bane vidower, so I go at yule time to my daughter. You bane bachelor man, so you go
           along with Knute and have one good time for yourself."

           "But I’ve got to be in town tomorrow," reasoned Gus. A chilling gust of wind struck
           his face.

           "That’s all right," Knute told him. "You go to Highland with me for Christmas Eve.
           Tomorrow you drive my truck back. After New Year my daughter and son-in-law
           bring me back to town."

           Gus rubbed a reflective hand over his chin. Knute could get himself in a peck of
           trouble. But to go on a drive to Highland on a night like this?

           "Wait a minute, Knute," he said. "Be right back."

           As Gus rang up the state police he thought of the old man, skidding around up in the


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           mountains on dangerous roads, with a storm threatening.

           "This is Gus Wilson, down at the Model Garage," he said when the state police office
           answered the phone. "How’s the road to Highland?"

           "It’s open over the pass," the answer came back, "but there’s no guarantee on how long
           it’ll stay open. There’s snow up there already, and more might come at any time."

           "Thanks," Gus said as he hung up. It was something over 40 miles to Highland, over a
           graveled road that was only fair in summer. What the heck, thought Gus. His decision
           was made. He told his helper, Stan Hicks, where he was going , and left him to close
           the shop. He climbed in beside Knute, noting that there were chains on the rear wheels
           of the pickup truck.

           "Let’s go," he said.

           "Sure," Knute declared. "We have one fine time, by yimminy."
           They rolled along at a good clip until they branched off into the winding, narrow road
           that led up into the winding, narrow road that led up into the mountains. The truck
           labored with its load of holly. Snow began to spit on the windshield and it seemed to
           Gus that the wind was building up. As they crawled into higher altitudes the vast,
           brooding hills became blanketed with snow that hadn’t reached lower levels. There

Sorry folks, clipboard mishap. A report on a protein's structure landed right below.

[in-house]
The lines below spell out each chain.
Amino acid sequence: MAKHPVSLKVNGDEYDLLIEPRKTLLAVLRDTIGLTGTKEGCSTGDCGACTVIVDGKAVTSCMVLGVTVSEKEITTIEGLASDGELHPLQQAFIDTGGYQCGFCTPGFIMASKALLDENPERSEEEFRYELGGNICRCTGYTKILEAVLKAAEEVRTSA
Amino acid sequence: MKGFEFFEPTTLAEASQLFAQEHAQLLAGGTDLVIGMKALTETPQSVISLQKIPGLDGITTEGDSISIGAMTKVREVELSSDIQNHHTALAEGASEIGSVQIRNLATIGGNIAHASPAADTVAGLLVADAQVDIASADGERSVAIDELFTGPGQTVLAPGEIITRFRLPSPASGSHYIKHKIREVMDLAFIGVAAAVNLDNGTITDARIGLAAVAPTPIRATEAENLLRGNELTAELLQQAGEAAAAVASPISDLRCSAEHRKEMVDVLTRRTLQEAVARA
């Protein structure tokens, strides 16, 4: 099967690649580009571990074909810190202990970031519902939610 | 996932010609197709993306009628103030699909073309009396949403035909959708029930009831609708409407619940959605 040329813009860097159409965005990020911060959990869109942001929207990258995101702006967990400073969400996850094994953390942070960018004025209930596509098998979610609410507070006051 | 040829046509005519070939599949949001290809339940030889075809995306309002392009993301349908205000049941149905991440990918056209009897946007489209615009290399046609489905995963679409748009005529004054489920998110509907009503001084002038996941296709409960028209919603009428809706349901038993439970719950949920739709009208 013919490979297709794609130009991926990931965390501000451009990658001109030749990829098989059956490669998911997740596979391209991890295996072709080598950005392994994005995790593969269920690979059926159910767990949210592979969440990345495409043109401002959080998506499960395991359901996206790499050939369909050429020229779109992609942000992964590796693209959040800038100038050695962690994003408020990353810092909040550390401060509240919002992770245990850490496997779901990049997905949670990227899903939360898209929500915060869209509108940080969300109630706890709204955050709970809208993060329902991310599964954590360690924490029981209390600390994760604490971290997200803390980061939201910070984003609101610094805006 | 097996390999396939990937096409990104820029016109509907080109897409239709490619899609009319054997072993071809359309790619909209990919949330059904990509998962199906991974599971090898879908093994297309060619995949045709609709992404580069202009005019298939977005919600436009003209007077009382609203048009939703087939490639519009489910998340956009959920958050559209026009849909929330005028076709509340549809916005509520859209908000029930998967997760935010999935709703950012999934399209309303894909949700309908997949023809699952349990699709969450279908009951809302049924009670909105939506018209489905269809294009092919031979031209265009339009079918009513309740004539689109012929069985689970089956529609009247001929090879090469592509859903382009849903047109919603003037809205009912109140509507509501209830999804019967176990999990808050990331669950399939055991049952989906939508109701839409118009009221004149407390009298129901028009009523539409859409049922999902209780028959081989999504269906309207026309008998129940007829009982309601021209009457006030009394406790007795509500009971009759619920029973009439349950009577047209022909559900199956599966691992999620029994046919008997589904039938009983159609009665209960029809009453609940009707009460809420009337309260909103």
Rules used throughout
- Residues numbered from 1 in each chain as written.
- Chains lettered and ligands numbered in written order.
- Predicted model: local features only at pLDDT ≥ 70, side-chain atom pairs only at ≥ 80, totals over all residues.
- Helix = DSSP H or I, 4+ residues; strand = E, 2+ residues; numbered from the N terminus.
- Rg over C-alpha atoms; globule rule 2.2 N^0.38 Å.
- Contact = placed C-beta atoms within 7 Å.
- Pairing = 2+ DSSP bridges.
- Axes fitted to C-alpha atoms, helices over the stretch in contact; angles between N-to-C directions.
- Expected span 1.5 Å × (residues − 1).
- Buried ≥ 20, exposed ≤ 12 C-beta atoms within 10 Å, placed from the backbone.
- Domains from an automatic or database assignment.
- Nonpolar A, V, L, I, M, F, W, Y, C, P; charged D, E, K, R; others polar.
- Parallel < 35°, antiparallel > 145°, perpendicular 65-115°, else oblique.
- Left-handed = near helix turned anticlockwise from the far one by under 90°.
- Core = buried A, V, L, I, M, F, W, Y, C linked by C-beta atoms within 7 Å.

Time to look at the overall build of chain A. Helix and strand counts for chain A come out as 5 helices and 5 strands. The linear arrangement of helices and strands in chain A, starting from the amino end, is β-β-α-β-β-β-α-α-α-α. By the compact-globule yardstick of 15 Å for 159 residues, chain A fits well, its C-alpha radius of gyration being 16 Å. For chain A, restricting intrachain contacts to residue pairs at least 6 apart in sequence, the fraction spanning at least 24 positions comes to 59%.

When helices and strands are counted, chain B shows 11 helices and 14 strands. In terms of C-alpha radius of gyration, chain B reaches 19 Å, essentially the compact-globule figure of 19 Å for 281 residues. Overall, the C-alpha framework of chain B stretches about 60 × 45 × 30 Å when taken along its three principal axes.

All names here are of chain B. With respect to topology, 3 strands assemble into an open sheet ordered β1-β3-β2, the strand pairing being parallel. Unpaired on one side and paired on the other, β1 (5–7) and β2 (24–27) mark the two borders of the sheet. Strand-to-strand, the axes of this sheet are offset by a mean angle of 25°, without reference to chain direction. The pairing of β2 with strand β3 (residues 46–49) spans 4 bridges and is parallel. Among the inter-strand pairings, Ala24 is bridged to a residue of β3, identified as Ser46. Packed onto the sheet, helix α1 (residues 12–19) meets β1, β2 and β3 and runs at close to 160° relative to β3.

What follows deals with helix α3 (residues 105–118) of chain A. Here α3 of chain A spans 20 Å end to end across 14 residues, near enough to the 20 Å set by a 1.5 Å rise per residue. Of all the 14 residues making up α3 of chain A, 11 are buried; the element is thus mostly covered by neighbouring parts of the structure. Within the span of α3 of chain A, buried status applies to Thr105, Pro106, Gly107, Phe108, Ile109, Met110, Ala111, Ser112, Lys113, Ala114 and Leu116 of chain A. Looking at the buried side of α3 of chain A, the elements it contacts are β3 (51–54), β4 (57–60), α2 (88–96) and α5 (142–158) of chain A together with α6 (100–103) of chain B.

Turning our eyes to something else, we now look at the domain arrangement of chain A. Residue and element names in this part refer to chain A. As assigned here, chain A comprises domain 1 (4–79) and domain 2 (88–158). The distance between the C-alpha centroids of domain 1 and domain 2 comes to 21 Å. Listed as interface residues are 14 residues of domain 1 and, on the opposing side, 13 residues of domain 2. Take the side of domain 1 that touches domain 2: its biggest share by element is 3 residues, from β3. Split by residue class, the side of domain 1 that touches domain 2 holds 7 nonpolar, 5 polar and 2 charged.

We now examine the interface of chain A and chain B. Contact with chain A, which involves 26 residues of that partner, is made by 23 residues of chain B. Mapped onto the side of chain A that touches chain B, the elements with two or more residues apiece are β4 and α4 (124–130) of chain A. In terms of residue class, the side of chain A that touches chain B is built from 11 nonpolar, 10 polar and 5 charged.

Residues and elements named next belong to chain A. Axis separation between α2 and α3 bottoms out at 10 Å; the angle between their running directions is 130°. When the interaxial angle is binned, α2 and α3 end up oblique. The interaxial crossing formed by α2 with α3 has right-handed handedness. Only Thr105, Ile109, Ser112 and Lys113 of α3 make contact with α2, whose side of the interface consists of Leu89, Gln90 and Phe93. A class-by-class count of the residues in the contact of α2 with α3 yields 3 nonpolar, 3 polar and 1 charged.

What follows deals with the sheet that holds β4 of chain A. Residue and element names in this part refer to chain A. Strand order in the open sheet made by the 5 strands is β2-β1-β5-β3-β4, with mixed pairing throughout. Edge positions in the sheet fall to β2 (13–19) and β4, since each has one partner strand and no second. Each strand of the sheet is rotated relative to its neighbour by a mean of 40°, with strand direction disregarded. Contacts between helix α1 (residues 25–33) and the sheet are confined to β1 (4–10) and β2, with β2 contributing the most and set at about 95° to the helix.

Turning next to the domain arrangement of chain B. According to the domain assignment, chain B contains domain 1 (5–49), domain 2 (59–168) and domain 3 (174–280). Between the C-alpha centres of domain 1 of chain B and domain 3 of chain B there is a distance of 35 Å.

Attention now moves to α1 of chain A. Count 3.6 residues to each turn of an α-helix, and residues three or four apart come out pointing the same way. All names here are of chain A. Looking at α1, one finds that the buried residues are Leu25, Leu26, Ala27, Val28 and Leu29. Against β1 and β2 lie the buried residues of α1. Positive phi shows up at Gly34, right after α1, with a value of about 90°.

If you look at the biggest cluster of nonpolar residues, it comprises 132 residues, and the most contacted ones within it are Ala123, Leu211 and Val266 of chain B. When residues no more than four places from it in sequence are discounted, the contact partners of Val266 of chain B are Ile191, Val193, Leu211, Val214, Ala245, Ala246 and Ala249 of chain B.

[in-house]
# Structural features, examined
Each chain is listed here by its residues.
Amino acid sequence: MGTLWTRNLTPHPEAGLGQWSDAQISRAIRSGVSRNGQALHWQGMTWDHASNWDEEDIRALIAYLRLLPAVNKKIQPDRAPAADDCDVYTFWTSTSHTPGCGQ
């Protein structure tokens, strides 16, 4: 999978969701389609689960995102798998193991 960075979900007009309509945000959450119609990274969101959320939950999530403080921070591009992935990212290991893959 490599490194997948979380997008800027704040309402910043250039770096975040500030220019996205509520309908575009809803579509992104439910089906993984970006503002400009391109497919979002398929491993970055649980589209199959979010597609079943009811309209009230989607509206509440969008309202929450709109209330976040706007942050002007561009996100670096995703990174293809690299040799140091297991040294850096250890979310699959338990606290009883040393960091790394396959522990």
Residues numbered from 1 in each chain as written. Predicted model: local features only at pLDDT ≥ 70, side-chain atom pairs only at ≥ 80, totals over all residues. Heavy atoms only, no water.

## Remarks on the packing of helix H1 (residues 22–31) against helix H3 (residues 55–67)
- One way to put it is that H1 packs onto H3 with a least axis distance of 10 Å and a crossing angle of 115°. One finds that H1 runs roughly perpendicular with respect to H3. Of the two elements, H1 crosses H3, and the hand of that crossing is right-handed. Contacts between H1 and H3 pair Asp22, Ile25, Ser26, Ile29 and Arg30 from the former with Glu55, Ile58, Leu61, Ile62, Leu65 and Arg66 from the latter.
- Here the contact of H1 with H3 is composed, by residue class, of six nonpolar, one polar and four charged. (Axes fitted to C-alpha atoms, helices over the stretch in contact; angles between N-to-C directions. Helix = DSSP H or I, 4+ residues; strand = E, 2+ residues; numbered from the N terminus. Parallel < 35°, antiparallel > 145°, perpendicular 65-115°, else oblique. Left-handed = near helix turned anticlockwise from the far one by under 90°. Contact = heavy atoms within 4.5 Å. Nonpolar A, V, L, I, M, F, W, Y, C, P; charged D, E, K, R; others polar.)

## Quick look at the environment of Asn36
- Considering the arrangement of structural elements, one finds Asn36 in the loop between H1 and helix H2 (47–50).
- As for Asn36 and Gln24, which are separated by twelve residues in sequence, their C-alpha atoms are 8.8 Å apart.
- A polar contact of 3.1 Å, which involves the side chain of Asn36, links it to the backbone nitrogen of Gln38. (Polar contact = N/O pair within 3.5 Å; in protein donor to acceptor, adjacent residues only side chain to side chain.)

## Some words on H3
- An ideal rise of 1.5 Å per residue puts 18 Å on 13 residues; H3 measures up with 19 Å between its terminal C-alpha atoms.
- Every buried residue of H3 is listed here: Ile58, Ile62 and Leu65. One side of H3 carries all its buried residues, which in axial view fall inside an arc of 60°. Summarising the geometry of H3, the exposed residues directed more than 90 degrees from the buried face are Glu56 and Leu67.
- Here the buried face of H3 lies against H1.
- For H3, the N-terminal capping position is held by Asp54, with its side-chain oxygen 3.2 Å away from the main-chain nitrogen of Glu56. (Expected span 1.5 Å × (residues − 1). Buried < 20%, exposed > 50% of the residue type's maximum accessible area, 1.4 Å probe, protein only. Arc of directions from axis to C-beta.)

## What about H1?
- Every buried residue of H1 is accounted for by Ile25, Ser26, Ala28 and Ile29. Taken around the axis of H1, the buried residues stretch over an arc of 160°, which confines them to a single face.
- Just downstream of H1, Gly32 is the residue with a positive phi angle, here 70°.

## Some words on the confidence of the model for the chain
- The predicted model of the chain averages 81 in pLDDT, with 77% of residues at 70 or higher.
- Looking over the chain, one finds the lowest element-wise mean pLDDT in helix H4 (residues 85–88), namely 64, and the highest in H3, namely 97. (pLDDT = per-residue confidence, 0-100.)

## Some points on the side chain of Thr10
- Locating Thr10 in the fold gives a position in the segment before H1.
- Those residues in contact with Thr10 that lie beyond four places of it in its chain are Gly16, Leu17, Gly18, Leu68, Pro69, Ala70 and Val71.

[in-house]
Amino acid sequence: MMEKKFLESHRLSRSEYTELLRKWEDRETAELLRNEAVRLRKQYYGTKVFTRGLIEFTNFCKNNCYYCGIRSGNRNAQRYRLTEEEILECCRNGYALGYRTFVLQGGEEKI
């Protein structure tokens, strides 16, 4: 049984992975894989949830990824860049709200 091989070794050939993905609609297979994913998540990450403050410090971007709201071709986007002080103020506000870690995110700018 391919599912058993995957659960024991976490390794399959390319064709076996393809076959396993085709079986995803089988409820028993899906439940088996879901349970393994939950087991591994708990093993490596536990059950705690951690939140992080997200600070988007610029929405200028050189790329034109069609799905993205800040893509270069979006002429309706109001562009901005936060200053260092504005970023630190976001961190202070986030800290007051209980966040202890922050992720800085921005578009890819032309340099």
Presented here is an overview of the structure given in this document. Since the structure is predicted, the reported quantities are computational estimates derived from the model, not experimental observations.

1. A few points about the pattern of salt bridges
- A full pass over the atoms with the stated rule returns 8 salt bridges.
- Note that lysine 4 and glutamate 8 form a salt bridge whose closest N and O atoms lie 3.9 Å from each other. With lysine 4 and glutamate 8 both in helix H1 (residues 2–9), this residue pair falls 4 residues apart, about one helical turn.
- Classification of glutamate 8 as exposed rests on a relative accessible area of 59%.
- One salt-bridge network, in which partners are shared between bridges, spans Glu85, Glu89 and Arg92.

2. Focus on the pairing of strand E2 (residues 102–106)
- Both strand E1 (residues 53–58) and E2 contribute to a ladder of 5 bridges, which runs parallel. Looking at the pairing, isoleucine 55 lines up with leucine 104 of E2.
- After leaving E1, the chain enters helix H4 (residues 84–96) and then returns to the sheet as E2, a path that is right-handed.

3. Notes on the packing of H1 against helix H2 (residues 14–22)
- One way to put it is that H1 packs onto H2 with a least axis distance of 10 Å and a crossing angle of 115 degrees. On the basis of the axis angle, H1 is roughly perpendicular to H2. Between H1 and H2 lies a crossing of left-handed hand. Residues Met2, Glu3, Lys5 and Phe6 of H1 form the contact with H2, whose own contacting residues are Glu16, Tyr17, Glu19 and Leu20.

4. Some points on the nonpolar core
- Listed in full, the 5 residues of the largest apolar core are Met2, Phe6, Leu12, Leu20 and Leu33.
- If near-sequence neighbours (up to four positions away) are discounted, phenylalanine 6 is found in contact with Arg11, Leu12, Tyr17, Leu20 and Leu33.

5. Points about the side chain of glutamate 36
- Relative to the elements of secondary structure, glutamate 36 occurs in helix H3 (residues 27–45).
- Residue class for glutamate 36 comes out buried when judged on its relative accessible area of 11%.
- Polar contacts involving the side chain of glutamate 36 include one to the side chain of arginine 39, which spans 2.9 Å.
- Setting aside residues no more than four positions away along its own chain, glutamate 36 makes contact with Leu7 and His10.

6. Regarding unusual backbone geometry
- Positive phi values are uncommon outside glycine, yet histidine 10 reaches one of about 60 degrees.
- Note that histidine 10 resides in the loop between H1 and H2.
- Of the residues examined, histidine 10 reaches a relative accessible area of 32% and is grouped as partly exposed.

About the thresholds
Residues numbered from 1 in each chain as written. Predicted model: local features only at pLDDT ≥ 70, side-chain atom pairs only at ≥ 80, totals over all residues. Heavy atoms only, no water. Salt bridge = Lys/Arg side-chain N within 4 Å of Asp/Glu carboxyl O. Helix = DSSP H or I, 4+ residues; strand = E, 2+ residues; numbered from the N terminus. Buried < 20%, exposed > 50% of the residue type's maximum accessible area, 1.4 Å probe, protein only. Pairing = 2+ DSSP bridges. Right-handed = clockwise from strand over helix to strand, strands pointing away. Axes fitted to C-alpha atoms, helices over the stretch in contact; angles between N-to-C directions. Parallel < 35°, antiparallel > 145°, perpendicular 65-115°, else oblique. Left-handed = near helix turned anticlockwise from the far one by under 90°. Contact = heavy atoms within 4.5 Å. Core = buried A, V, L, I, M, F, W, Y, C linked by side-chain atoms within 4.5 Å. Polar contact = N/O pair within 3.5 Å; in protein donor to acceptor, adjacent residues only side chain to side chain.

was six inches on the roadway, fluffing up with new fall. As they topped the summit
           the truck writhed in the old man’s hand as the full force of the gale struck them
           broadside. It was a wild night for Christmas Eve.

           As they moved down after topping the summit, Knute rode the brake pedal too much,
           not always shifting into lower gears when he should.

           Darkness was fully down now. It was snowing harder, with a cross wind that drove the
           storm in gray, slanting sheets across the beam of the headlights. Looking out the
           window Gus saw a wild, uninhabited land. He thought of taking the wheel from the old
           fellow, but Knute knew the twisting, up-and-down turnings of this mountain road
           better than he did.

           The oldster was riding his brake as the truck nosed steeply down into a pocket in the
           mountains. As it hit the bottom, facing a rise, Gus suddenly smelled burning
           insulation. Almost as the strong scent hit his nostrils, the lights went out and the motor
           went dead. With one slap of his hand Gus heaved back on the emergency brake. They
           slid to a halt.

           "By yimminy," Knute declared, winding down the window and spitting into the wind,

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           "something goes wrong."

           "How right you are, by jimminy, Knute," Gus said, hitting the ground.

           Here they were in a dead truck in a nigh black as the inside of a hat, with six inches of
           snow on the ground and more coming down by the minute. There would be no traffic
           over this lonely pass to Highland for days. Highland folks were accustomed being
           snowed in at times in midwinter. As far as Gus could figure, they were about 15 miles
           either way from civilization. Could they walk out? In a blizzard?

           Feeling in his coveralls pocket Gus found the ever-present pencil light, pair of pliers,
           screwdriver, and a roll of black tape.

           "We should be able to locate the trouble and fix it, Knute," he said with a cheerfulness
           that was half counterfeit.

           "We do," Knute said, and there was deep feeling in his voice, "or I carry my holly over
           these mountains on my back."

           The words halted Gus with the hood half-lifted. He stood there in the blackness and in
           the wild clamor of the stormy night suffused by a feeling that was greater than his
           worry. This simple, kindly soul, he observed to himself, is thinking only of carrying
           holly to Highland.

           Gus played his pencil light back and forth over the engine. The light steadied on one of
           the battery straps. The heavy, leaden connection seemed to have sagged down in the
           center. Gus reached over and touched it. It was hot. The battery had been subjected to
           a dead short. It had been so heavy that it had practically melted the lead connecting the
           cells. The battery was dead.

           Gus recalled the burned-insulation smell. He pulled up the floorboards. There was the
           trouble. The arm of the brake pedal had been rubbing for a long time against the main
           battery lead to the starter button. Finally, under Knute’s heavy braking, it had been
           worn through to the bare copper, producing a dead short.

           The battery might or might not be capable of taking and holding a charge now. The